Helpline: - 18008892553


It's crucial to have the proper tools on hand when establishing a tinkering or STEM (Science, Technology, Engineering, and Mathematics) lab in order to promote experiential learning, innovation, and problem solving. Some suggested tools and supplies for a makerspace or STEM classroom include:

Primitive Equipment:

  1. Torx and Phillips screwdrivers
  2. Tools for working with wire: pliers of various shapes and sizes
  3. Socket and adjustable wrenchesTools: hammers
  4. Measuring tapes
  5. Eye protection - Hand protection
  6. Include fire extinguishers, first aid kits, and other safety gear in your home.

Circuitry and electronics Three R's

  1. Resistors - Capacitors - Breadboards
  2. Luminescent diodes (or LEDs)
  3. Linking cables
  4. Temperature, light, motion, and other sensors
  5. Arduino, Raspberry Pi, and other microcontrollers
  6. Battery holders and batteries
  7. A multimeter is a device used to measure electrical quantities.
  8. Soldering equipment and irons
  9. semiconductors, diodes, ICs, and other electronic components
Third, Mechanical Parts and Robotics:
  1. Toys and resources for constructing robots (like LEGO Mindstorms or VEX Robotics).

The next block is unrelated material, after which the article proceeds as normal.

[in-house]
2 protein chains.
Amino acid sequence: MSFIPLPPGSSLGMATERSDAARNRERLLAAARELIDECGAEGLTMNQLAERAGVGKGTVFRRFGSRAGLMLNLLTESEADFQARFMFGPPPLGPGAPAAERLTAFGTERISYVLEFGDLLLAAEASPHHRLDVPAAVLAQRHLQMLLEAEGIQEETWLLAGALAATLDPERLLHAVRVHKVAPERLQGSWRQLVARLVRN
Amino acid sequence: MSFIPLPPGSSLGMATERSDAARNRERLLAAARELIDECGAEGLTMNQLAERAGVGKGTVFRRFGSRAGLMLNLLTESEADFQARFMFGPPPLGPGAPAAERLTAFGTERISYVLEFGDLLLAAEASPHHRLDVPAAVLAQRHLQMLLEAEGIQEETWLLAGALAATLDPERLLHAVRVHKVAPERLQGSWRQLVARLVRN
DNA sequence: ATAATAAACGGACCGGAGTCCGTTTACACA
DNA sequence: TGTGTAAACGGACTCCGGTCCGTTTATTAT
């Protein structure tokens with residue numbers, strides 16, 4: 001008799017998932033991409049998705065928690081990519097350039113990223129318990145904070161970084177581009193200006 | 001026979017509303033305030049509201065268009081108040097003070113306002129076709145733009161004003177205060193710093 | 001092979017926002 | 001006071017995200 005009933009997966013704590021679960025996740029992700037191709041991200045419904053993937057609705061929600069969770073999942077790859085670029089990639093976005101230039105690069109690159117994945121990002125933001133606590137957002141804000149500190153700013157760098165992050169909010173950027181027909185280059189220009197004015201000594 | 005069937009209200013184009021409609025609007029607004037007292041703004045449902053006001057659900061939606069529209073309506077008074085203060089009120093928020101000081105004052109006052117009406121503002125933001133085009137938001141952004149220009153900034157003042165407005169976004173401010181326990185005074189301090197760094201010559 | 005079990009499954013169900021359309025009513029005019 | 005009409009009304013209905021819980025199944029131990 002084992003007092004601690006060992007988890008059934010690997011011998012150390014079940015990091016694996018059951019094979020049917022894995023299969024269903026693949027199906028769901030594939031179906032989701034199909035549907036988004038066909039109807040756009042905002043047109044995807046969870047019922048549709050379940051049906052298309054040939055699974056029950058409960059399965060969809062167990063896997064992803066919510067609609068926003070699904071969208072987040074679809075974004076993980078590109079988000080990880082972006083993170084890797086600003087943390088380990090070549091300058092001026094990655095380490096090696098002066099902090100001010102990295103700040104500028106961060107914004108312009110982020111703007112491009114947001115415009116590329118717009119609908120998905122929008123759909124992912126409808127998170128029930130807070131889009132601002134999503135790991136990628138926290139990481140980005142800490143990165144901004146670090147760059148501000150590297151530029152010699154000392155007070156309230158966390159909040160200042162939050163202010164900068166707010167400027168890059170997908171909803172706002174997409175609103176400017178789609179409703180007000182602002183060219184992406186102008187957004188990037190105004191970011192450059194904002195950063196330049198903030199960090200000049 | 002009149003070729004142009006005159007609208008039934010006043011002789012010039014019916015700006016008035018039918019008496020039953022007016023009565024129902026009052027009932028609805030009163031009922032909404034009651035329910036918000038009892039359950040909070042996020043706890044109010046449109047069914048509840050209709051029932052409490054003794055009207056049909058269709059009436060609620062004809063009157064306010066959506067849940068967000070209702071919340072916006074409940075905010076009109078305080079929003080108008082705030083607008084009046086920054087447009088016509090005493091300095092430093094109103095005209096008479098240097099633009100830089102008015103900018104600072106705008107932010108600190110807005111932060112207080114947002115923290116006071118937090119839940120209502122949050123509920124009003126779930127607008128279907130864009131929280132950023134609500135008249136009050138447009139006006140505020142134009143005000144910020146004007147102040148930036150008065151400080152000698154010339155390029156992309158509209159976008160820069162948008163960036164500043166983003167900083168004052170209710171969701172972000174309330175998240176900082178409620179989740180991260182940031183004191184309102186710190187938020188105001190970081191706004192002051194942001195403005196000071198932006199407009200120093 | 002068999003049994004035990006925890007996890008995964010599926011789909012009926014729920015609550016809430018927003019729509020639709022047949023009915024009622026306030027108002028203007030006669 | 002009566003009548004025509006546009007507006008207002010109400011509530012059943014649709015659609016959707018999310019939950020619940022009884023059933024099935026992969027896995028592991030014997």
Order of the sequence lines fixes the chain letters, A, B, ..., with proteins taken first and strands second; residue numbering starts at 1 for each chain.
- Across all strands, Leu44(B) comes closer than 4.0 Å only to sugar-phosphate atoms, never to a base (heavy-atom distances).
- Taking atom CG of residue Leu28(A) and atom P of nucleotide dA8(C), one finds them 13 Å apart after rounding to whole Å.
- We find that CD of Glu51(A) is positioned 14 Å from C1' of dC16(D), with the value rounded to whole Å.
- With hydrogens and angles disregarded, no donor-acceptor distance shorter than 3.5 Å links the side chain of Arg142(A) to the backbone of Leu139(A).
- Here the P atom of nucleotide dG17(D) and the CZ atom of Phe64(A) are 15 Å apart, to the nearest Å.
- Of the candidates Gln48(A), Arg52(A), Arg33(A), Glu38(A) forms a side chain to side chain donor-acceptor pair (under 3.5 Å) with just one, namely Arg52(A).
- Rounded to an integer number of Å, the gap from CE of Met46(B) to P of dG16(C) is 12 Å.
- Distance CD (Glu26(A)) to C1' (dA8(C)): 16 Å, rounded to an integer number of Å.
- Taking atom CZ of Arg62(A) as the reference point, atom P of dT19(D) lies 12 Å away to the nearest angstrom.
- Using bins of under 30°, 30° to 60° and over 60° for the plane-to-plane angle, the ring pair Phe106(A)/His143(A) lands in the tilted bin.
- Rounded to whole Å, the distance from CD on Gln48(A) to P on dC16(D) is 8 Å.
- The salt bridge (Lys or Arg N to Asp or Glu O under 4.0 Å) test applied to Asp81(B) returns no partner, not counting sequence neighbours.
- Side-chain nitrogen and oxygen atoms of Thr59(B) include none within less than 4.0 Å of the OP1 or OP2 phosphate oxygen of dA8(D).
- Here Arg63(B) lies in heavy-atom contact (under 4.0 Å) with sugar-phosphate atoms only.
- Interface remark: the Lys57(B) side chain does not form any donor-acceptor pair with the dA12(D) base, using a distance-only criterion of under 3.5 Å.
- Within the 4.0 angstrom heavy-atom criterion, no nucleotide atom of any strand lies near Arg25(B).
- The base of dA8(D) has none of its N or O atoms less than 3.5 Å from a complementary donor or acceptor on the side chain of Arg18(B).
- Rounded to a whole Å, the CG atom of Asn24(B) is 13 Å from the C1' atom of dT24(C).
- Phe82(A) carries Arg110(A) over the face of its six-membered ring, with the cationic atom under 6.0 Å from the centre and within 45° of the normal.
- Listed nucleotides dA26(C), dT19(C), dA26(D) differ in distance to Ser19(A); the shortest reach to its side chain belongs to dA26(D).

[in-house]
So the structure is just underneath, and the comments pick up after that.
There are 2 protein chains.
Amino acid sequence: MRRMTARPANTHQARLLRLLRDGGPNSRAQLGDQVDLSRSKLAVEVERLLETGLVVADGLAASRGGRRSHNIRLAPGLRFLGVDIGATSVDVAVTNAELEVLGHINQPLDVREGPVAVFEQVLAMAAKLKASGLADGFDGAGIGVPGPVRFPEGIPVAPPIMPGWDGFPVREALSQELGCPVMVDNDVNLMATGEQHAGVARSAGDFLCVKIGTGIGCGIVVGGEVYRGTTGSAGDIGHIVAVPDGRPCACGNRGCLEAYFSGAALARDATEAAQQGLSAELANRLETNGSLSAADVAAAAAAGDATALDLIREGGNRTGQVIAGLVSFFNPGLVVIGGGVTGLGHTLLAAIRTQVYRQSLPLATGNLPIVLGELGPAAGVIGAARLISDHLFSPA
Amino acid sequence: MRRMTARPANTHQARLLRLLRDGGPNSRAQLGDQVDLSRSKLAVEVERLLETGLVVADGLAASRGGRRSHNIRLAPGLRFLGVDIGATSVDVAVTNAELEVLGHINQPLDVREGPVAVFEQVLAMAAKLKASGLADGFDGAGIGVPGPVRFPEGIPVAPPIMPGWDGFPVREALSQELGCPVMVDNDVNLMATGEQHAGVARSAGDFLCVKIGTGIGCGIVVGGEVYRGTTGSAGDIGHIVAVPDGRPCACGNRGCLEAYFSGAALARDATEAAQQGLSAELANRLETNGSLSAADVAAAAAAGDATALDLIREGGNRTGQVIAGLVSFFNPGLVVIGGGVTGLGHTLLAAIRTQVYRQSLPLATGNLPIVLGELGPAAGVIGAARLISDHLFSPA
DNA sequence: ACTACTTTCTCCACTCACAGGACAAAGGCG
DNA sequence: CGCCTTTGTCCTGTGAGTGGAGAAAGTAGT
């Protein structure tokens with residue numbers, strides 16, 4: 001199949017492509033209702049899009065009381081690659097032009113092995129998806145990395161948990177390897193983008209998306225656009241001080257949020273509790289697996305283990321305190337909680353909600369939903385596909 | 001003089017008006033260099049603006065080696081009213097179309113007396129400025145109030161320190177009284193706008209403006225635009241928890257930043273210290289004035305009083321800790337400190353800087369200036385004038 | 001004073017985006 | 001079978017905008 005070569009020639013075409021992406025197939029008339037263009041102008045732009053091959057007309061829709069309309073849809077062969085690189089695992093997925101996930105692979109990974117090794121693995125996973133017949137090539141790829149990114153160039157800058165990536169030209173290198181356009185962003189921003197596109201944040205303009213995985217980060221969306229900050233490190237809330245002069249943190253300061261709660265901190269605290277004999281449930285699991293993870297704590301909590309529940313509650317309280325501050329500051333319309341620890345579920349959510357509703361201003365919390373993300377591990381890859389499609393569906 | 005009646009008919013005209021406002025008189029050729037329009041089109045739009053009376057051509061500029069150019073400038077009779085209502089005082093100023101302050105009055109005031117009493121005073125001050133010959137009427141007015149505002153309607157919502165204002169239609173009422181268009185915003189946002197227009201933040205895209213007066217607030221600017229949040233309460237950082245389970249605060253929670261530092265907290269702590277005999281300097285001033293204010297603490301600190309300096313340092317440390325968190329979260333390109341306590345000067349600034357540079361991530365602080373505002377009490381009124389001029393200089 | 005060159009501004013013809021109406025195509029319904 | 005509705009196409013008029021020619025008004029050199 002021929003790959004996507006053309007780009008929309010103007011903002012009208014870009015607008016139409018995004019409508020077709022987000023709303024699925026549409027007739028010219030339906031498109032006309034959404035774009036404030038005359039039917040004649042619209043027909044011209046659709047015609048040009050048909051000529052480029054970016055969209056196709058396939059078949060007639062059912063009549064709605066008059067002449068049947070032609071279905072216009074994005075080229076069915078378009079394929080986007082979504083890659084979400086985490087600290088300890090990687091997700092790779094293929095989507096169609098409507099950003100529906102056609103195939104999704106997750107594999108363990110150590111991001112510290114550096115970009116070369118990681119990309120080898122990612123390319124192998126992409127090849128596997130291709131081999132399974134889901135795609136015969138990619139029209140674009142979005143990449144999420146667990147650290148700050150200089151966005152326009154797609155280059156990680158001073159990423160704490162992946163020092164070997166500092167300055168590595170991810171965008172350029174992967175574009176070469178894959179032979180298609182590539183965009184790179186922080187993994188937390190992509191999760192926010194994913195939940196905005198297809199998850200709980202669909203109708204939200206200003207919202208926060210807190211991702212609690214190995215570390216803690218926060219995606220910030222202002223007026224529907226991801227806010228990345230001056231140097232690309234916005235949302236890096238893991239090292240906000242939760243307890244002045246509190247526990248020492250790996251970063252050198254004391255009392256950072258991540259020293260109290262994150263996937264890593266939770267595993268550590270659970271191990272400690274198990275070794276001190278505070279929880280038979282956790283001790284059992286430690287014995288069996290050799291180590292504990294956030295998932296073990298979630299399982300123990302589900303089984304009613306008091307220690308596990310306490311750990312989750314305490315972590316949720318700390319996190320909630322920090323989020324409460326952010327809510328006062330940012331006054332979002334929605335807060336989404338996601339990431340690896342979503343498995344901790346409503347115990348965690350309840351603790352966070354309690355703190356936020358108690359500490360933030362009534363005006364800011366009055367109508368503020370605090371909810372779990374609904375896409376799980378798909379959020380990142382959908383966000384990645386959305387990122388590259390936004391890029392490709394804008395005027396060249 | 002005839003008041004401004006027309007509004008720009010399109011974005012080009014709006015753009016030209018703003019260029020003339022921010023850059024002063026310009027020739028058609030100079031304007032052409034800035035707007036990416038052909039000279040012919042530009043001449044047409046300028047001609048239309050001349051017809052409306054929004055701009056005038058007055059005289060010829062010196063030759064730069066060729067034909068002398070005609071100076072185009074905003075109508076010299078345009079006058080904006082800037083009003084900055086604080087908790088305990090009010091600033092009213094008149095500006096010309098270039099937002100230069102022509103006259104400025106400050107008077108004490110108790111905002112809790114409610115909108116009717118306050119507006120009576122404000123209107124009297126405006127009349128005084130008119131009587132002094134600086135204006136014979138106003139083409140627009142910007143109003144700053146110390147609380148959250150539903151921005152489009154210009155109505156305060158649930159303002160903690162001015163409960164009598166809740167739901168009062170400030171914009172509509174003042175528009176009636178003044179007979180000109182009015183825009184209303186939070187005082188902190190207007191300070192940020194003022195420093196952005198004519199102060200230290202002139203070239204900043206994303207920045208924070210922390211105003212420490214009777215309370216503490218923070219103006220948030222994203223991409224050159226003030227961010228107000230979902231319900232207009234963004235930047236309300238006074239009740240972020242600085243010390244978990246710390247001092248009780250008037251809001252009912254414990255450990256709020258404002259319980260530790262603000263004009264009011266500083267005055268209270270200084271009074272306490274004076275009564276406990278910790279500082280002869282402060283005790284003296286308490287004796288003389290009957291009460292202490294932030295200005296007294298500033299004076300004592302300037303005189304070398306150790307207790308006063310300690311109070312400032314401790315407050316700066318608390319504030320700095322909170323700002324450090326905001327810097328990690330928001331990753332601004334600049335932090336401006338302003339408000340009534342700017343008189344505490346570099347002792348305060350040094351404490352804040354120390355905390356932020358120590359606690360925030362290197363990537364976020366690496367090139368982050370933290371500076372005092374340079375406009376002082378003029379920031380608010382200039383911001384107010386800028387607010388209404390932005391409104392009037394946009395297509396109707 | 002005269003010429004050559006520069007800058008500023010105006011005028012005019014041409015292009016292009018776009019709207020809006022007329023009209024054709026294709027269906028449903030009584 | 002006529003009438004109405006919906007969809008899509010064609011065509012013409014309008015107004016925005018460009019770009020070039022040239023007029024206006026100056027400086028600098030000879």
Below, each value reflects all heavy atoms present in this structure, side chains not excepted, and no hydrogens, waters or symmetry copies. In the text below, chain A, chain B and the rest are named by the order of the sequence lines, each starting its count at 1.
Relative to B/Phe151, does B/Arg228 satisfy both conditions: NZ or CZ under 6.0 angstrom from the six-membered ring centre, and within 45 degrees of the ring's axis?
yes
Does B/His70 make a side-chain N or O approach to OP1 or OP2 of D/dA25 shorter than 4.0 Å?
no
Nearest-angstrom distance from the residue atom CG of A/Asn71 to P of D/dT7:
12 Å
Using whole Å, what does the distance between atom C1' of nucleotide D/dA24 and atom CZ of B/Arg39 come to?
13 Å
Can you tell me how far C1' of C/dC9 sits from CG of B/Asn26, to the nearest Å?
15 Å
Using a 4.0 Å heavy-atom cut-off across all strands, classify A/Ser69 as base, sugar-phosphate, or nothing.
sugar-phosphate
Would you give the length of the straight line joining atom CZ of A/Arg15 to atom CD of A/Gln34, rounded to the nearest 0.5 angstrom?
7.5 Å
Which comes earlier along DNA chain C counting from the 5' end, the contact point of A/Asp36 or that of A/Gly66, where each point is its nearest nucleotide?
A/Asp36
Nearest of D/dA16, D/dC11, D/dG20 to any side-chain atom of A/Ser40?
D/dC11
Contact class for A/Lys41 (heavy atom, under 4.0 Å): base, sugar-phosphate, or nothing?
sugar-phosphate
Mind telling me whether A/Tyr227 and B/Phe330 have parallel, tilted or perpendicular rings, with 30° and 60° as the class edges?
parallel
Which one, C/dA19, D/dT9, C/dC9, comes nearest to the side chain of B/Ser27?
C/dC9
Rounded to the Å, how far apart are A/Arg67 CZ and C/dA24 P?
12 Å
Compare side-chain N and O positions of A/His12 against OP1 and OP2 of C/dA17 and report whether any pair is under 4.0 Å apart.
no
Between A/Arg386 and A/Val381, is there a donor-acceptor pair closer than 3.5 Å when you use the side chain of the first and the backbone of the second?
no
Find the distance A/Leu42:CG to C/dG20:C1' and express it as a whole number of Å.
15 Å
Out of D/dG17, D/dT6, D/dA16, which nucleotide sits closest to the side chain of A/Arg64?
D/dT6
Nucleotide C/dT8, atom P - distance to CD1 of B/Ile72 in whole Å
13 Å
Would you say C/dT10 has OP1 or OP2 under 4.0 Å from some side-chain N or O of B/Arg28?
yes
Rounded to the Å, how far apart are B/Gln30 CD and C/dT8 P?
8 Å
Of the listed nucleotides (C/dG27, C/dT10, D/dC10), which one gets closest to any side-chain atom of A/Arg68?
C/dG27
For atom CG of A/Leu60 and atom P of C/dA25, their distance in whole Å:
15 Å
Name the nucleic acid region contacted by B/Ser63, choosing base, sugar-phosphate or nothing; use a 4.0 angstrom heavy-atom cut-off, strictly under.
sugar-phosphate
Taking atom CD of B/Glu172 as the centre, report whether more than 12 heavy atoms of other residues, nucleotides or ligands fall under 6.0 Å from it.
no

2. A discussion on motors and servos
  3. Tracks and wheels
  4. Pulleys and gears
  5. Harnesses and leashes
  6. Aluminium extrusions, brackets, and other structural components.
Prototyping and Fabrication
  1. 3D printers for prototyping and mass production
  2. Cutters that use laser light
  3. Computer numerical control machines
  4. Cut-and-shape-and-join tools (saws, drills, files, clamps, etc.)
  5. Prototyping supplies include a variety of materials.
  6. Glue, tape, hot glue guns, and other adhesives.
Measurement and Data Collection
  1. Vernier callipers are used for measurements and data collection.
  2. Devices such as digital pH monitors, thermometers, and scales
  3. Equipment such as data recorders, oscilloscopes, spectrometers, and microscopes
Software and Programming Tools
  1. Programming languages and integrated development environments (Arduino IDE, Python, Scratch, etc.)
  2. Computer-aided design (CAD) and modelling software (circuit simulators, etc.)
  3. Laptops and desktop computers
  4. Online libraries and educational databases
  1. Cabinets, boxes, shelves, etc. for storing things.
  2. Tools for group discussion and ideation, such as whiteboards or chalkboards
  3. Materials for the project (art supplies, recyclables, etc.).
  4. Fire extinguishers, exit signs, and other safety features.
  5. Equipment and cubicles designed for teamwork and direct interaction

Keep in mind that your tinkering or STEM lab's precise needs may change depending on the ages of your students, the aims of your curriculum, and your financial resources. To best meet your goals in the STEM fields, it is vital to take stock of your current situation and think about a variety of resources that encourage discovery, experimentation, and innovation.